Growling on the Outside, Crying on the Inside
An Emmy Award-winning writer for The Colbert Report follows in the (big) footsteps of Bigfoot: I Not Dead.
Monsters have it tough. Besides being deeply misunderstood, they suffer from very real problems: Mummies have body image issues, Godzilla is going through an existential crisis, and creatures from the black lagoon face discrimination from creatures from the white lagoon. At heart, these monsters are human; after all, you are what you eat. Quirkily illustrated, Sad Monsters hilariously documents the trials and tribulations of all the undead creatures monster-mad readers have grown to love, from vampires and werewolves, to chupacabras and sphinxes, and even claw-footed bathtubs.
The Mummy's Curse: Cankles
Those screaming villagers in Cairo were right: I'm a hideous monster. I really let myself go over the past three thousand years, and now I'm paying for it because bikini season is right around the corner.
At least I'm covered by rags so I don't have to see myselfalthough I have to say, vertical wrappings would have been much more slimming. Honestly, sometimes I think the priests want us to hate our desiccated bodies.
I'll be up front: This whole mummy thing started as a last-ditch effort to lose weight. It was either that or stop eating fried ibis, and I'm sorry, but an ancient Egyptian only has so many pleasures in life and those crocodile-flavored Slim-Fast shakes are disgusting. But here's what the priests don't tell you about mummification: Sure, it'll cut down your weight, but you've still got to deal with cellulite. Nothing gets rid of that stuff.
You'd think literally being nothing but skin and bones would help me feel good about myself, but there's a much higher standard of thinness for mummies. Every ounce counts when Anubis is weighing your heart against the feather of Ma'at to determine if you're worthy of the afterlife or if you're a disgusting cow.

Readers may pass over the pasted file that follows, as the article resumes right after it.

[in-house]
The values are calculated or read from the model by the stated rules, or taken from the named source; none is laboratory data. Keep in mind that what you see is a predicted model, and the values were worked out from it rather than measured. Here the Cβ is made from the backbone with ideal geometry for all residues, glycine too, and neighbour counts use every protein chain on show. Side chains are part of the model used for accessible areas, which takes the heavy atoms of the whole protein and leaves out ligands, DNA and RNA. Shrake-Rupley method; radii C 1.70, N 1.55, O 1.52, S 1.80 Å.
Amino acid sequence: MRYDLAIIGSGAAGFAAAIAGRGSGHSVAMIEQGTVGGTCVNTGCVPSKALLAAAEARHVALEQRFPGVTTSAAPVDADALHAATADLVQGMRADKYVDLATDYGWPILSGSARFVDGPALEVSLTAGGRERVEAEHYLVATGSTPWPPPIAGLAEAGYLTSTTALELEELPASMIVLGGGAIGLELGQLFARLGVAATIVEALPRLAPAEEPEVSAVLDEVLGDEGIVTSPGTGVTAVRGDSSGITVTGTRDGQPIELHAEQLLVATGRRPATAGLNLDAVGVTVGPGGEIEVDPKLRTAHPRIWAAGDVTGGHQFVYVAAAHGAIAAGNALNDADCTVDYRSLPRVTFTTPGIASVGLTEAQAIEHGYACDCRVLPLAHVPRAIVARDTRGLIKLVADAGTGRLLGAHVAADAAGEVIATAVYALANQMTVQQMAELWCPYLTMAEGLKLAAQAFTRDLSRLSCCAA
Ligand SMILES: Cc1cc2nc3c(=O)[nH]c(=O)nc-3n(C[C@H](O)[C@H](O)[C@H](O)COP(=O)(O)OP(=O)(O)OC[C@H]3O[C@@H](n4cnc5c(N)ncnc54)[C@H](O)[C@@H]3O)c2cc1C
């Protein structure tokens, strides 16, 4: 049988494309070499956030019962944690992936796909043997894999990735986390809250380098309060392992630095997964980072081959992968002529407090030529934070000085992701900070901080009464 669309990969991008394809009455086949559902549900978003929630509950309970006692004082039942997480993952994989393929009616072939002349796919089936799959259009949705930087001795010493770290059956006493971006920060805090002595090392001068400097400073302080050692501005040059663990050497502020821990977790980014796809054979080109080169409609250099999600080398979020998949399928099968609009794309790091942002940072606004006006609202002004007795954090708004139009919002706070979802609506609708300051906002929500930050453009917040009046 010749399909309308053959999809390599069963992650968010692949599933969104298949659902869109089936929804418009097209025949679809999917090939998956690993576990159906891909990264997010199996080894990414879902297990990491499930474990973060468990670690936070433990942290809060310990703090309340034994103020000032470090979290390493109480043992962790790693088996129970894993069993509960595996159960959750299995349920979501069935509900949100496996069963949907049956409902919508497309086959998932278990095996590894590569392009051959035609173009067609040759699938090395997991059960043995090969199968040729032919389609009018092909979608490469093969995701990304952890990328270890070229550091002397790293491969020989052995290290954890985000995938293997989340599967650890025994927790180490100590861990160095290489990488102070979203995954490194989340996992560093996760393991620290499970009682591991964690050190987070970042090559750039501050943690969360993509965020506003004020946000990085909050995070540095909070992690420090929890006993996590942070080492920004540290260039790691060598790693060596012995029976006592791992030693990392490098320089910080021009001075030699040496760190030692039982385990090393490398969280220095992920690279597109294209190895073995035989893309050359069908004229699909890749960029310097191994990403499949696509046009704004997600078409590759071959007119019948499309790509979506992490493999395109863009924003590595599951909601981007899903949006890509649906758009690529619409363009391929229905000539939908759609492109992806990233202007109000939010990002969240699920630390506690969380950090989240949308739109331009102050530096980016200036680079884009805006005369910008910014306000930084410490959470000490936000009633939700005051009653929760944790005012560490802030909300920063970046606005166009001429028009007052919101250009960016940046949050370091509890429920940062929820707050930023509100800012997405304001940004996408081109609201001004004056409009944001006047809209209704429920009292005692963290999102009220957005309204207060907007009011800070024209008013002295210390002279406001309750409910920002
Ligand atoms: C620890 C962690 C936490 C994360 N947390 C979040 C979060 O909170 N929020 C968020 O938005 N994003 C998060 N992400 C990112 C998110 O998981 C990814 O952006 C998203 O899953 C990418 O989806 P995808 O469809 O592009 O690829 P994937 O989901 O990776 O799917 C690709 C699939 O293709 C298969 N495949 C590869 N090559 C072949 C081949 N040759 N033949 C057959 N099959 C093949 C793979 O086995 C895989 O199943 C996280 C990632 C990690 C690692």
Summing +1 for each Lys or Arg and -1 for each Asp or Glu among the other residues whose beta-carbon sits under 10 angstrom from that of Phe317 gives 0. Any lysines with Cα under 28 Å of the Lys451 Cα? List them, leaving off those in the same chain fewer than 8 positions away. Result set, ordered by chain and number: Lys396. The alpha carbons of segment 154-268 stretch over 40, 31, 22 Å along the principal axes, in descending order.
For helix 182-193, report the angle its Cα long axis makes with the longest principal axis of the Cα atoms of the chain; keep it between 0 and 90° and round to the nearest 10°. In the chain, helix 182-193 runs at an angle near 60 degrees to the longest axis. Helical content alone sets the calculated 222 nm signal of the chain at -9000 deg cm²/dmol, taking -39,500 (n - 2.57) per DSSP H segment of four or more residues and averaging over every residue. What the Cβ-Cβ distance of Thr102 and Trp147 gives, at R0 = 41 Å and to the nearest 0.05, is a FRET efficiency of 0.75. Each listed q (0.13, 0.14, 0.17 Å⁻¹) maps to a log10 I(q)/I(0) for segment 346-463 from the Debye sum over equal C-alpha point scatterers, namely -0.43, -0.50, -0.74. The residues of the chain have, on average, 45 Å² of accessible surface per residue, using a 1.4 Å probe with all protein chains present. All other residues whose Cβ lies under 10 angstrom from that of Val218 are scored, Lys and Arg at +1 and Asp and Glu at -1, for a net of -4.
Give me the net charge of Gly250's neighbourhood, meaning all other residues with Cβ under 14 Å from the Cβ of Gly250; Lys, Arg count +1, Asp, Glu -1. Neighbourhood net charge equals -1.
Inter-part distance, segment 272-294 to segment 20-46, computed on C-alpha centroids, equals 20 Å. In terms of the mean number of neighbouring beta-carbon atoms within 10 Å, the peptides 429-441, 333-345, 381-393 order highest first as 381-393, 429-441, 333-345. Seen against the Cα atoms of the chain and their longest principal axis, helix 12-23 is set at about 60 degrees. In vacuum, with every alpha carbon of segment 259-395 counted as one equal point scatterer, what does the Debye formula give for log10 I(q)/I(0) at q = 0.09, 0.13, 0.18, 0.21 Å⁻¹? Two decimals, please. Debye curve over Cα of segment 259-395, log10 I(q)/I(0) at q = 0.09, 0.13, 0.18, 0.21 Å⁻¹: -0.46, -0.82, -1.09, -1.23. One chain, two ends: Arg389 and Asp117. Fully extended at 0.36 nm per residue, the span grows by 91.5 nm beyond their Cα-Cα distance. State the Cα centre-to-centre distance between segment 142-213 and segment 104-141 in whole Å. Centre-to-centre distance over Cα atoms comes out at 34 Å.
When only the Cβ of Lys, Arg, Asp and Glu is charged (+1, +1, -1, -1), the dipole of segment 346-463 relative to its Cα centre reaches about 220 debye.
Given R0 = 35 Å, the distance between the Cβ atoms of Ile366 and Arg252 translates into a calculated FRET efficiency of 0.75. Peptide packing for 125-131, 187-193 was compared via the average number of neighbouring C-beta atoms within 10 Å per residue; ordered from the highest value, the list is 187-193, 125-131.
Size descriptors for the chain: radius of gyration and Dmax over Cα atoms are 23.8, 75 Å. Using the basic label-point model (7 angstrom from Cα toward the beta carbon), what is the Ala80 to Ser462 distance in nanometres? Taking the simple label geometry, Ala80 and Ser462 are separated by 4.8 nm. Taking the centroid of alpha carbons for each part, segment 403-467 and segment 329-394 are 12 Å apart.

If I were just some commoner who got lost in a sandstorm and wound up naturally mummified, there'd be less pressure. At least I wouldn't need to keep up on all the latest fashion trends. One season it's linen, the next it's gauze. I just hope they don't bring back the mini-shroud. Not a pretty sight, considering I've got bony knees.
But fashion is the least of my problems. Centuries ago, I went to a charity auctionthey were selling Hebrew slaves to raise money for ailing firstbornsand the next day the gossip papyruses printed the most vicious things about my weight: "Falcon River Serpent Eye River Hippo." Ever since, I haven't had a single bite of the mummified falcons that my servants entombed me with to sustain me in the afterlife. Okay, I gnawed on a few of them, but I didn't eat the wrappings. Oh, who am I kidding? The wrappings are the best part.
I disgust myself.
You know how sometimes you see a funerary sculpture of a pharaoh after he's had a baby crocodile gastric bypass, and you think, "Wow, what a mistake"? That's what I'm thinking right now. And believe me, it's not easy thinking that when during the mummification process your brain was removed through your nostrils with a hook.
The worst thing is, I've got that stupid grinning portrait carved on the lid of my sarcophagus to constantly remind me how I used to look. I may not have been a great beauty back during the Eighteenth Dynasty, but at least I had skin that could bend. Nowadays, I've got to apply at least two coats of saddle soap before I can bear to even think about leaving the pyramid. And why bother? The lighting in most clubs these days is so dreadful, I look old enough to be from the Eighth Dynasty.
What really gets me is how everyone goes on and on about how well-preserved Queen Nefertiti is. Well, just between me, you, and Ammut the Devourer of SoulsNefertiti had some work done during the Napoleonic era. It's easy to look supple when half your face is actually ox skin.
Still, I try to stay positive. On the bright side, at least now my face has excellent bone structure. And I think I could finally be happy with myself, completely happy, if I could just do something about this ghastly nose.
That's why I'm here, Dr. Perlin. I didn't have an appointment, but your receptionist was very accommodating after I explained my situation to her using poisonous asps.
I found the perfect nose on an American tourist visiting the Temple of Luxor, but she wouldn't stand still long enough for me to take a picture, and her screams were starting to draw unwanted attention, so I brought you her actual nose.
What do you think, Doctor? I can do any day between now and eternity, except Saturdays. That's when I get my hair colored.
How to Find the Genie of Your Dreams
Whenever I'm out diamond-shopping with my genie, strangers come up to me and say, "You guys seem so happy together. How do you do it?" Well, when Shalazam is out of earshot, I tell them that freeing a magical being from a lamp is easy. Making things last is hard work.